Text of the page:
Rudolf Wilke • Prayer before Battle
Ink and chalk, heightened with white (spraying technique in red, blue and black) on paper
42 : 37 cm
Signed lower right
‘Simplicissimus’, 5/27 (1900), p.217 with the following caption:
“Christliche Soldaten, fassen wir unsere Gefühle zusammen in dem Rufe: Der liebe Gott hurra! hurra! hurra!”
1873 Brunswick - 1908 Brunswick
Rudolf Wilke had no easy start to his career as an artist. After completing an apprenticeship as a carpenter in Braunschweig he resolved to move to Munich in 1893 to study painting. When his application to the Academy was rejected he enrolled at a private drawing school. Dissatisfied with the teaching there, he moved to Paris, where he took up his studies at the Académie Julian and quickly made contacts with kindred spirits in bohemian circles. However, his stay was soon cut short by a shortage of money which obliged him to return to Munich in 1895.
Wilke’s luck changed in 1896 when his entry for an art competition organized by the magazine Jugend caught the attention of Georg Hirth, the magazine’s publisher. Hirth, a champion of numerous emerging draughtsmen and painters, was quick to recognize Wilke’s talents as a caricaturist. He gave him a job on the staff of the magazine and offered to fund a study trip. Wilke’s first series, titled Berliner Momentbilder, was published in Jugend in 1897 and followed by a series titled Künstlertypen vom Montmartre in 1898. A year later, Wilke was invited by the publisher Albert Langen to work as a draughtsman for his satirical magazine Simplicissimus. Wilke’s drawings were widely feted and much admired by his colleagues – all the more profound therefore was the grief and sense of loss when he died of diabetes in 1908 at the age of only thirty-five.
From the start, Wilke’s domain was caricature portraiture. His earliest contributions for Jugend and Simplicissimus depict distinctly narrative scenes with a marked focus on detail. In the course of his career his compositions became clearer and more reduced, with an emphasis on linearity. Increasingly, psychological aspects came to the fore. He would sum up the character of the figure he portrayed quickly and deftly. His medium was pencil, pen and ink, occasionally heightened with white and sometimes using spray technique. The drawings often have a nervous, notational style and seem charged with impulsive graphic energy, products of a rapid creative process. With an anthropologist’s eye he would scrutinise subjects drawn from all levels of society – his repertoire included dandies; teachers; doctors; members of student fraternities, the military, the haute bourgeoisie and the aristocracy; tramps; beggars; prostitutes; labourers; feminists; petits bourgeois and philistines. But none of his representations were stereotyped and he never robbed his figures of their dignity however exaggerated his depiction of their inner or outer characteristics might be. His rendering of the everyday concerns of the upper classes invariably has a comic touch while his view of the social problems of the lower classes suscitates empathy. Nevertheless, his drawings convey much more than just a portrait of the morals and customs of a bygone era. The momentary situations he depicts and the reaction of the protagonists to them are timelessly human. They help to explain why connoisseurs of caricature describe Wilke as a man of undoubted genius.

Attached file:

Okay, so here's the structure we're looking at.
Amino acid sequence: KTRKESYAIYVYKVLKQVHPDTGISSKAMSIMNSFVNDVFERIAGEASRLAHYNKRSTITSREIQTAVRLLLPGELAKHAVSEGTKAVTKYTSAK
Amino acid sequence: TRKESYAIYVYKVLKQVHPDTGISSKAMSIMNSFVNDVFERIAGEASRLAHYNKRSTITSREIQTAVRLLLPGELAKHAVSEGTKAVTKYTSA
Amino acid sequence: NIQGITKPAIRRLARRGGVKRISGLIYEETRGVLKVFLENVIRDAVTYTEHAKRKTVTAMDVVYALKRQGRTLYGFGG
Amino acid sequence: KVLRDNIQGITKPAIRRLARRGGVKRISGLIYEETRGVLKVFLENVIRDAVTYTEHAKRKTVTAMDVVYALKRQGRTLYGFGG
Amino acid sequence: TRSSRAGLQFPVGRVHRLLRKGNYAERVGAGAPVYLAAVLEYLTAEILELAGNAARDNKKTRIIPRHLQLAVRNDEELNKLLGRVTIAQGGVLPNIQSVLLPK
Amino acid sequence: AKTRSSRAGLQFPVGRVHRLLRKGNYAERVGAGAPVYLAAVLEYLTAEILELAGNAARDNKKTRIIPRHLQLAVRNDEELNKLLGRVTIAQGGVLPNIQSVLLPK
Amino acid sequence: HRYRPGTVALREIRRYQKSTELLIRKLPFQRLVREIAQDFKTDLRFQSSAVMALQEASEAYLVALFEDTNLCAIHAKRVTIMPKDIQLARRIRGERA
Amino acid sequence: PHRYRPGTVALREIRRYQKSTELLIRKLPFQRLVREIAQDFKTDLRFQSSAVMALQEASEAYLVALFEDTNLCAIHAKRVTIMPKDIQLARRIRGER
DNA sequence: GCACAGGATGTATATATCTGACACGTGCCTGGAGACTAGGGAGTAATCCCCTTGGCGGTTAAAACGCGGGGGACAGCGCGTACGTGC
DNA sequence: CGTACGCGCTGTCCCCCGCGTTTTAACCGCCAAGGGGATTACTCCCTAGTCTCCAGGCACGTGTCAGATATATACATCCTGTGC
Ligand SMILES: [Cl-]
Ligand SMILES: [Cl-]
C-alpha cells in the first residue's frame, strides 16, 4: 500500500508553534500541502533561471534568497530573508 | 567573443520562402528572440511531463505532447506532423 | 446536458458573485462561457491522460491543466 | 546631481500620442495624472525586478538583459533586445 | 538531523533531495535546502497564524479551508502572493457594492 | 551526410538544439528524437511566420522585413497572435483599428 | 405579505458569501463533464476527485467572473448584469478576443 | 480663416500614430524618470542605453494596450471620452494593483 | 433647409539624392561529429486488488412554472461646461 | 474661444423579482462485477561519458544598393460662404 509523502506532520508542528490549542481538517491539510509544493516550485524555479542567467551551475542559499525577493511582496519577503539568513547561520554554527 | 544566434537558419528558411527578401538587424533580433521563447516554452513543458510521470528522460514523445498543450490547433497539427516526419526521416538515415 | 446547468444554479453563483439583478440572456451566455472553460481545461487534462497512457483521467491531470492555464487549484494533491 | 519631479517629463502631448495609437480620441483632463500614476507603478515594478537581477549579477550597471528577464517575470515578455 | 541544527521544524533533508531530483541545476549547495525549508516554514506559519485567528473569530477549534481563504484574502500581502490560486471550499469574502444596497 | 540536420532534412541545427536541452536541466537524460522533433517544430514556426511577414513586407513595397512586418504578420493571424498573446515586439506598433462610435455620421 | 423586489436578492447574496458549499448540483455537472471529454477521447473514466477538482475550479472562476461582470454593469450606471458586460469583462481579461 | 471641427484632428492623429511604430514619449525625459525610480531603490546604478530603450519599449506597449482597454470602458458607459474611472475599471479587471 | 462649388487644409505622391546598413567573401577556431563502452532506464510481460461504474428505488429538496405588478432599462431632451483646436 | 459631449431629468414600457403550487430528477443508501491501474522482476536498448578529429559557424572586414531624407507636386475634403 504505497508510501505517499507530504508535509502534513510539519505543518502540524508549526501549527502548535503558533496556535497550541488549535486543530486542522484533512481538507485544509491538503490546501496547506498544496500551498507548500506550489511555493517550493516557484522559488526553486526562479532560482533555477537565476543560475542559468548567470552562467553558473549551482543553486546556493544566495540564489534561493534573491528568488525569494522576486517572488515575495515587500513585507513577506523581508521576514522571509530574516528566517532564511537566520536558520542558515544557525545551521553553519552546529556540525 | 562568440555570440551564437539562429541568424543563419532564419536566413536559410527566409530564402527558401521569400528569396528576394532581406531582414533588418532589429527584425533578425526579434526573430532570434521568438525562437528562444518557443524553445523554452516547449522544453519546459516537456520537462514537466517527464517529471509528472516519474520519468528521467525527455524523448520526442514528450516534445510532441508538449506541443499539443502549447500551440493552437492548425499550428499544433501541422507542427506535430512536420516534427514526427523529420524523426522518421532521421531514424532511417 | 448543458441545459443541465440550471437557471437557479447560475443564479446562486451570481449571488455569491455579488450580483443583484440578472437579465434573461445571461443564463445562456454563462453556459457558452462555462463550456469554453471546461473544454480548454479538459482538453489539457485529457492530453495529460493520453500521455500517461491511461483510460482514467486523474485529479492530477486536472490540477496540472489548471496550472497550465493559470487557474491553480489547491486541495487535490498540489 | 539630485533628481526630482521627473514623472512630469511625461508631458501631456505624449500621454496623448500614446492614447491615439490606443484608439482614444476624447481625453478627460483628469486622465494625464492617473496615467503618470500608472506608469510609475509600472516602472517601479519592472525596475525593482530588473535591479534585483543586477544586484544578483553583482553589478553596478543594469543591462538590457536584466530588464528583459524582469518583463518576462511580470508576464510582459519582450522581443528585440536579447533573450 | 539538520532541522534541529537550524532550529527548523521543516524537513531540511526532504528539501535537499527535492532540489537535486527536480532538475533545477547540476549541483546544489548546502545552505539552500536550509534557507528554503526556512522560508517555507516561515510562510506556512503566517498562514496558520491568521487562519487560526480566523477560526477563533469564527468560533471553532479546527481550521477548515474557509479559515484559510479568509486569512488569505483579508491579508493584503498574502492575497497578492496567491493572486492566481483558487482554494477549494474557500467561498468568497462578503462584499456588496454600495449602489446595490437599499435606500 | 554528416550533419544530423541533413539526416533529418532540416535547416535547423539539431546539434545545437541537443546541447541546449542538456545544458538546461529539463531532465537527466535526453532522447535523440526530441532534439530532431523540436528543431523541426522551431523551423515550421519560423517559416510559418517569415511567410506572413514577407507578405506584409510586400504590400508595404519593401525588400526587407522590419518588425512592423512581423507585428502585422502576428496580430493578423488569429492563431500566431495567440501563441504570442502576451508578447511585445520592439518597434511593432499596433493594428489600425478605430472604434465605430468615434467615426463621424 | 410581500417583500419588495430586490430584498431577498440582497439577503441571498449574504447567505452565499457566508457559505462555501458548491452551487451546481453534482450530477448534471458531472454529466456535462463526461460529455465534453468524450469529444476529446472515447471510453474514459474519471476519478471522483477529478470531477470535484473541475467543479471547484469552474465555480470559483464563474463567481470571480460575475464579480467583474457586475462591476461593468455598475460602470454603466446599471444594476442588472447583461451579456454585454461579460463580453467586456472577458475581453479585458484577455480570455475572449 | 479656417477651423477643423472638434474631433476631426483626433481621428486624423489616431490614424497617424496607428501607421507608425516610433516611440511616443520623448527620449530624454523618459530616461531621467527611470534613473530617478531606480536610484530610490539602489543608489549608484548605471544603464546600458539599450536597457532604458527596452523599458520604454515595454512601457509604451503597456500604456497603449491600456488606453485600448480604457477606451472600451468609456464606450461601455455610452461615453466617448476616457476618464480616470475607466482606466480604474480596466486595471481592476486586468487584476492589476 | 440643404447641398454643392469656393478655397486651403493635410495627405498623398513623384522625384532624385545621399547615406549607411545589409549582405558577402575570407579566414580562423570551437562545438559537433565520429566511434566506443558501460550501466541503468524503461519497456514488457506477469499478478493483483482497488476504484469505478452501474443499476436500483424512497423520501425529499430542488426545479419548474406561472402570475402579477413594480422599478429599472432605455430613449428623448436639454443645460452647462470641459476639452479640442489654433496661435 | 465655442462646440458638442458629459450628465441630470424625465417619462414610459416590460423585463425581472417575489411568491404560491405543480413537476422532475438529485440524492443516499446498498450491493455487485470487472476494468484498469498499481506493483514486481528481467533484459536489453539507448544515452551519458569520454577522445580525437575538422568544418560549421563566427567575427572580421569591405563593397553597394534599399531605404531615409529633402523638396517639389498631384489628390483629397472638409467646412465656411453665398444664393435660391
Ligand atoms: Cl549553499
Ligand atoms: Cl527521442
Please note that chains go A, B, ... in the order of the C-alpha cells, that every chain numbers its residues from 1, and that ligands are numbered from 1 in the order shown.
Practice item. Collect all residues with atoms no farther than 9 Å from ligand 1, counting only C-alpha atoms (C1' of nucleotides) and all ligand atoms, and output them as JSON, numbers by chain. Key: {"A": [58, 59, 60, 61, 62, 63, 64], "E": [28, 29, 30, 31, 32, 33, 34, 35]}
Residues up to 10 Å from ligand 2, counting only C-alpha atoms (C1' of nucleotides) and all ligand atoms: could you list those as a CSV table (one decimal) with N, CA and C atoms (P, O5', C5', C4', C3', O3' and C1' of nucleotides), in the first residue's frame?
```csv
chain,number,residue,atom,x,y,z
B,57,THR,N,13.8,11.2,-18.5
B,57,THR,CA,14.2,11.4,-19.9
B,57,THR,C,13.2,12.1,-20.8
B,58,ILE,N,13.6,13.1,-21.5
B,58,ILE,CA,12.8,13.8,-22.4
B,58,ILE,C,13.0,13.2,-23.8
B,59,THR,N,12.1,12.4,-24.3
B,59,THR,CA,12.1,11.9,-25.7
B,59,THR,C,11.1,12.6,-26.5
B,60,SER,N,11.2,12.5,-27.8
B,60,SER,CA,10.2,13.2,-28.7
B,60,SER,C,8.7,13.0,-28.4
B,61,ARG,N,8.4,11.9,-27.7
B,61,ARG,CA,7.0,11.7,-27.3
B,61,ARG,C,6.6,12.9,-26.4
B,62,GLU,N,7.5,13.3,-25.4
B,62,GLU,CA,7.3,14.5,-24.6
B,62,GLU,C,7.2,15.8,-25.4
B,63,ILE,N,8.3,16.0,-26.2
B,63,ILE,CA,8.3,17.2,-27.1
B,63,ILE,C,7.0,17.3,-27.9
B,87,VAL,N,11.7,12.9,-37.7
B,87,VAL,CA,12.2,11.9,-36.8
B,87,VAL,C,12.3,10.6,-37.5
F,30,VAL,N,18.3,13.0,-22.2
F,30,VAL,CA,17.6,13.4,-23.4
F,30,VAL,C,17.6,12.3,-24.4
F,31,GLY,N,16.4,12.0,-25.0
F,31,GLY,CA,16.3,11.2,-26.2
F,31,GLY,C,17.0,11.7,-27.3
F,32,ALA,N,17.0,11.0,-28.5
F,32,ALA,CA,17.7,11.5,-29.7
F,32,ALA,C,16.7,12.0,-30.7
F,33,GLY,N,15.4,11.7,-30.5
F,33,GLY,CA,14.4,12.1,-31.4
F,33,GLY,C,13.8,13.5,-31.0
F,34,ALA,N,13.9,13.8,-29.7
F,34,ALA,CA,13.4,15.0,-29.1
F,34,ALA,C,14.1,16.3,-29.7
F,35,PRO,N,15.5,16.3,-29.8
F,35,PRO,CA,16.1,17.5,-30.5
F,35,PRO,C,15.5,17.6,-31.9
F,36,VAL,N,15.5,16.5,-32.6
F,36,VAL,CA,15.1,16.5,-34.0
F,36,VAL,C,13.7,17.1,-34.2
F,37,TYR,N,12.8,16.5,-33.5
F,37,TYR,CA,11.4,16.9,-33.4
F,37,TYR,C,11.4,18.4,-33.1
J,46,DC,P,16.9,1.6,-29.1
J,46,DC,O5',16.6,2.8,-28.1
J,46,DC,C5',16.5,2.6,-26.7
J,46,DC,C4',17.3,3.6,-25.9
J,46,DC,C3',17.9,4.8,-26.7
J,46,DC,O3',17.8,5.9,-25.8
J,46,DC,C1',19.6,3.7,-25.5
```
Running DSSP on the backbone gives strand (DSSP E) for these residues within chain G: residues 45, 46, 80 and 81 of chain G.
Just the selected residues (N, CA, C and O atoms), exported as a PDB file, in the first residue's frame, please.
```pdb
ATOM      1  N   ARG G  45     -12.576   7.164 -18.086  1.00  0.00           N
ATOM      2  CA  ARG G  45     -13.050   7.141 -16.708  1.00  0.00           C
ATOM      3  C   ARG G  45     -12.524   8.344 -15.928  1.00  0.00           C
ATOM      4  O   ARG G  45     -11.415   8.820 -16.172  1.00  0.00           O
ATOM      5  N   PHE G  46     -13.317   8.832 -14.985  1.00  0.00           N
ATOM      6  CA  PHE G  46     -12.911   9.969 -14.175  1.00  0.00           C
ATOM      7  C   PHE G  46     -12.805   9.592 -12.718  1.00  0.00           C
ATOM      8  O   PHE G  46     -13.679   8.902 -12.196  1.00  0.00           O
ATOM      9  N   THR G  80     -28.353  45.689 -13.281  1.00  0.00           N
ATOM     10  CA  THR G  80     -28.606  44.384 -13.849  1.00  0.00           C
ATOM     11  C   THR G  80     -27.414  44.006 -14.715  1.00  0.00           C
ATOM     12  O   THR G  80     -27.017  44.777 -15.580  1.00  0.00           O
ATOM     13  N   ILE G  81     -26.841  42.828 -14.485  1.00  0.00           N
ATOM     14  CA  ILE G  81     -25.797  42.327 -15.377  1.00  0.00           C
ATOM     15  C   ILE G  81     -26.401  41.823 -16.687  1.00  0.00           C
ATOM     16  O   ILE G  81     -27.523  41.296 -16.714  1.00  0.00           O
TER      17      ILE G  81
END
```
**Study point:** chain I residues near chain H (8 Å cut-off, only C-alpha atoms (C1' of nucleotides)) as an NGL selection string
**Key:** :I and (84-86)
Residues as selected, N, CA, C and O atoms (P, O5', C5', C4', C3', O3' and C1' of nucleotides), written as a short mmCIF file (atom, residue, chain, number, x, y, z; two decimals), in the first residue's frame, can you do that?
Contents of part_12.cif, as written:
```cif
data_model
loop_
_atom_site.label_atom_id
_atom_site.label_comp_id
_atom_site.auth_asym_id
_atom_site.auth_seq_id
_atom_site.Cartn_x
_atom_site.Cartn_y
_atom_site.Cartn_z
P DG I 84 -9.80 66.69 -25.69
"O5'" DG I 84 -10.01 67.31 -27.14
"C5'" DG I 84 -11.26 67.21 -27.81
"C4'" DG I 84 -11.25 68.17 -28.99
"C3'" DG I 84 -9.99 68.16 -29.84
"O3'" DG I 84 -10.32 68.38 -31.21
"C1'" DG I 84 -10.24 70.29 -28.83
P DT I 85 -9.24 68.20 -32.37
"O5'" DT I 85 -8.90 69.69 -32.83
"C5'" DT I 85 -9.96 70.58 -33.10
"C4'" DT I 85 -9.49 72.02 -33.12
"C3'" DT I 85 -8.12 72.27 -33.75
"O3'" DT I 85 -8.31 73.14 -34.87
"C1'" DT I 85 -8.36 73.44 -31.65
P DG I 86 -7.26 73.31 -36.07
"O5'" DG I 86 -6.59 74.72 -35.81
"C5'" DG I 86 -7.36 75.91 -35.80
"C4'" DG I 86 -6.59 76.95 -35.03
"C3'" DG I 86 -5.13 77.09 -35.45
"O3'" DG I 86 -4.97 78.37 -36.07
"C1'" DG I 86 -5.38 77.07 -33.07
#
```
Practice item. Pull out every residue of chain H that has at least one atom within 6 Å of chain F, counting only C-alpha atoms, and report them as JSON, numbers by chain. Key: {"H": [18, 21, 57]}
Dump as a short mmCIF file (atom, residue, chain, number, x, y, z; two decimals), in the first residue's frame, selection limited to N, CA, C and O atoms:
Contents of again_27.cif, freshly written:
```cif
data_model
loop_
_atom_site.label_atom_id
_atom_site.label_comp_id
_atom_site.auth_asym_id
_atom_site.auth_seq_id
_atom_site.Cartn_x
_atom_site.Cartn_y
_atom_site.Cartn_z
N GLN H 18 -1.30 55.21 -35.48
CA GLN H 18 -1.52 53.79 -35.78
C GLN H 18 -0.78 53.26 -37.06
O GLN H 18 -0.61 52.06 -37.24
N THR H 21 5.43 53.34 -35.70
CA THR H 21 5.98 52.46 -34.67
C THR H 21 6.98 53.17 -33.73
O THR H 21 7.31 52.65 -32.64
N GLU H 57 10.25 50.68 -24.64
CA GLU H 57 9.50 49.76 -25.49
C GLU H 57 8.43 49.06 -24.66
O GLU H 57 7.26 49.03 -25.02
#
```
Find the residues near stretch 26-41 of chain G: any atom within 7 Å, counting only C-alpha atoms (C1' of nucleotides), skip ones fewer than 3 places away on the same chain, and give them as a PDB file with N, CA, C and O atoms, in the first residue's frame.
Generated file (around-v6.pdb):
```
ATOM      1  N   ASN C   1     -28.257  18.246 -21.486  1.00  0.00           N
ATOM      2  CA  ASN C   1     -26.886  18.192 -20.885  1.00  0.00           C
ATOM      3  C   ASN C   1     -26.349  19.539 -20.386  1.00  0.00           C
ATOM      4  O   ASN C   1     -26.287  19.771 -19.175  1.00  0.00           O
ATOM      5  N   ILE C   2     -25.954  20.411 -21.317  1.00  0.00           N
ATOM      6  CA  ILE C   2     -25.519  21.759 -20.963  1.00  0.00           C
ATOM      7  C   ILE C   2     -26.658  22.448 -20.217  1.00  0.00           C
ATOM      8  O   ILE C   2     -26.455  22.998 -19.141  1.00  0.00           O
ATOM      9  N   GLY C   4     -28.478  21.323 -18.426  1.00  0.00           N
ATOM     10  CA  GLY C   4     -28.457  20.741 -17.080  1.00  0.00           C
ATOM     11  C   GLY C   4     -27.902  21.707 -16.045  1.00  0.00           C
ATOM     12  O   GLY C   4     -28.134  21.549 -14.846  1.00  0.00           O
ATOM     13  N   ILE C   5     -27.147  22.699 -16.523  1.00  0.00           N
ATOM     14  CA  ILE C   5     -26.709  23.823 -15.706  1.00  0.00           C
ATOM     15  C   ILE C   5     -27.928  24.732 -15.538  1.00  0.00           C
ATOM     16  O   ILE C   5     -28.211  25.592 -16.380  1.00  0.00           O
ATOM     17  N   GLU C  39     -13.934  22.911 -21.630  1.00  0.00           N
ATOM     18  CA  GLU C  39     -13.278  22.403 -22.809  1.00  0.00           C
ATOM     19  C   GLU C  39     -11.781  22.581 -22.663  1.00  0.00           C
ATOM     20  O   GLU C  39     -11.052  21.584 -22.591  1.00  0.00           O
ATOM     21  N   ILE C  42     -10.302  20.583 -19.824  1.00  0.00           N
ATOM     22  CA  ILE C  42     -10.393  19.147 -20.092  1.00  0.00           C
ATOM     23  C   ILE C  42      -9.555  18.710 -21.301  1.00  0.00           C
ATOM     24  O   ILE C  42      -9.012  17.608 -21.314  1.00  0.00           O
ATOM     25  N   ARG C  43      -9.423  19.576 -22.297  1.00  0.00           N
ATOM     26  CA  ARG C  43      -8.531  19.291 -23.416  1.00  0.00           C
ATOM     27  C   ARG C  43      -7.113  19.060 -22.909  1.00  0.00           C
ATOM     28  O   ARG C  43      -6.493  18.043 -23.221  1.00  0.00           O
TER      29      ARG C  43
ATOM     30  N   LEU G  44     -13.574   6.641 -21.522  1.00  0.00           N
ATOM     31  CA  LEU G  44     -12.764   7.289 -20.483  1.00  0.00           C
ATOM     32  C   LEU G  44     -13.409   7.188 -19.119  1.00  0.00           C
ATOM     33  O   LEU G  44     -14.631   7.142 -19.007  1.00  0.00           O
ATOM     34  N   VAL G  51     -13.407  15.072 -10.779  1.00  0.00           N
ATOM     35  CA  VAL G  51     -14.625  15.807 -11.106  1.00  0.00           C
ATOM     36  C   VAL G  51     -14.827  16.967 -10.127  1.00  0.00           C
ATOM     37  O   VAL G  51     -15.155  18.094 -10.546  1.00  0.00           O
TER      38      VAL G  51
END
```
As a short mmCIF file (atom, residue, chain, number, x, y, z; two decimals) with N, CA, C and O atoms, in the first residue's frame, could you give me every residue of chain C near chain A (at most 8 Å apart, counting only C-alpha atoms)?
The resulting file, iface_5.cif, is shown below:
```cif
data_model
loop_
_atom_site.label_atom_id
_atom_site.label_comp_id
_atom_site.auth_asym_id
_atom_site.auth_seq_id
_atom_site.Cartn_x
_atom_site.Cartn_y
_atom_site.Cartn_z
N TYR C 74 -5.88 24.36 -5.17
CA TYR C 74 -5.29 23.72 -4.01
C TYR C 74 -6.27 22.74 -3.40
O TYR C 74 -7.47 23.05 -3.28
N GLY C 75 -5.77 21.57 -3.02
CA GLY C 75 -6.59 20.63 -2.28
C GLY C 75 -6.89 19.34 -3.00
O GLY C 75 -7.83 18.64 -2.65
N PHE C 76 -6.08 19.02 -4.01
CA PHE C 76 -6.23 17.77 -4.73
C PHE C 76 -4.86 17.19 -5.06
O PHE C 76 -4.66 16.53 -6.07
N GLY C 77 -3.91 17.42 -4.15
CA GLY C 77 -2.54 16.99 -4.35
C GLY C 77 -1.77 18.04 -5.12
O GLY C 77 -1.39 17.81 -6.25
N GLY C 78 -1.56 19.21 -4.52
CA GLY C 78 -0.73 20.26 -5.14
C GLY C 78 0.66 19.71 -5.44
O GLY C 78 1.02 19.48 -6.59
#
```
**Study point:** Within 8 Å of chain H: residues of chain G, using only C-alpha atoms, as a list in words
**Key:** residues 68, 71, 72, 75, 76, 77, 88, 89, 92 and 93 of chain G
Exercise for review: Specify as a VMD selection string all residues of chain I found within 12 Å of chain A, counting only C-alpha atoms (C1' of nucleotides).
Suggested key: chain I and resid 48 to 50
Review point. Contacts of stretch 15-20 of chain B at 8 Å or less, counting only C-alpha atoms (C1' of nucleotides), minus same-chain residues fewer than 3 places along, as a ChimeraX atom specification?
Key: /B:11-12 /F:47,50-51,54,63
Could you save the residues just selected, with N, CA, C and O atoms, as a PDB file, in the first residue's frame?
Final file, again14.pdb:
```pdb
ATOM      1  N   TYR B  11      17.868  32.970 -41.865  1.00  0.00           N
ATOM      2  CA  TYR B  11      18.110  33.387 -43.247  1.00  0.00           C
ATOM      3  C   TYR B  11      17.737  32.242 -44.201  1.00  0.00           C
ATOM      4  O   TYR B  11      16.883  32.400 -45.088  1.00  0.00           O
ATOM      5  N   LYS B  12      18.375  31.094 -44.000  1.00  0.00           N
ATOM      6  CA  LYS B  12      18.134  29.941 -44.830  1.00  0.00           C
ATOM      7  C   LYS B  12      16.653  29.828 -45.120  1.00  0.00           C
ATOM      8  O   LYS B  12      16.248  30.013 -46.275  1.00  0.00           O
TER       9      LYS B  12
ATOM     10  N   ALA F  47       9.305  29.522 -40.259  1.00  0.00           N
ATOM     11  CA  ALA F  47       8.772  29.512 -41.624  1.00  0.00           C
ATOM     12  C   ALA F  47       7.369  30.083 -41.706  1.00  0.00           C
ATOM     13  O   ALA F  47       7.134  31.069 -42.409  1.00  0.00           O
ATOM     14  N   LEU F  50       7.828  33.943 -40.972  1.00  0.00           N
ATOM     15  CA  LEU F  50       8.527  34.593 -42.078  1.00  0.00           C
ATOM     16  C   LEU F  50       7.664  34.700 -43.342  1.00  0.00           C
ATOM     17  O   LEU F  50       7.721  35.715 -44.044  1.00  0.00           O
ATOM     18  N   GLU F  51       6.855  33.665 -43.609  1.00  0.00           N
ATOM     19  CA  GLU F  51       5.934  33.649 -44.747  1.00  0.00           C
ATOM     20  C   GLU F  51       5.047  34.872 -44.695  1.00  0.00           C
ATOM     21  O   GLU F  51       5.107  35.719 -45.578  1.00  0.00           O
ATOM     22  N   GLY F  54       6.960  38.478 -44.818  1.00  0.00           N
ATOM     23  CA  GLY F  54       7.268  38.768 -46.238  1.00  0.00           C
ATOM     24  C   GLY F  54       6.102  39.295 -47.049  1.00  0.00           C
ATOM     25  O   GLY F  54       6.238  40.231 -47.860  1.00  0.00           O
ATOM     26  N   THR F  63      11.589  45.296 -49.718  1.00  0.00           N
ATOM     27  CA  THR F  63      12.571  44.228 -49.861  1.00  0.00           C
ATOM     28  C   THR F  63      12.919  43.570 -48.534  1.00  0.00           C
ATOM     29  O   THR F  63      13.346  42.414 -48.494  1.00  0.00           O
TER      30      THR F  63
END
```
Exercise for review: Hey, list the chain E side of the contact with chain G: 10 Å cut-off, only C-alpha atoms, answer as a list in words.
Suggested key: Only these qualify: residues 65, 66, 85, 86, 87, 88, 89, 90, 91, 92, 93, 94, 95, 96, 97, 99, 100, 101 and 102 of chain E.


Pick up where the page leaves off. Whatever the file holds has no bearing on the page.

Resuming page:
Unknown photographer: Rudolf Wilke, c.1900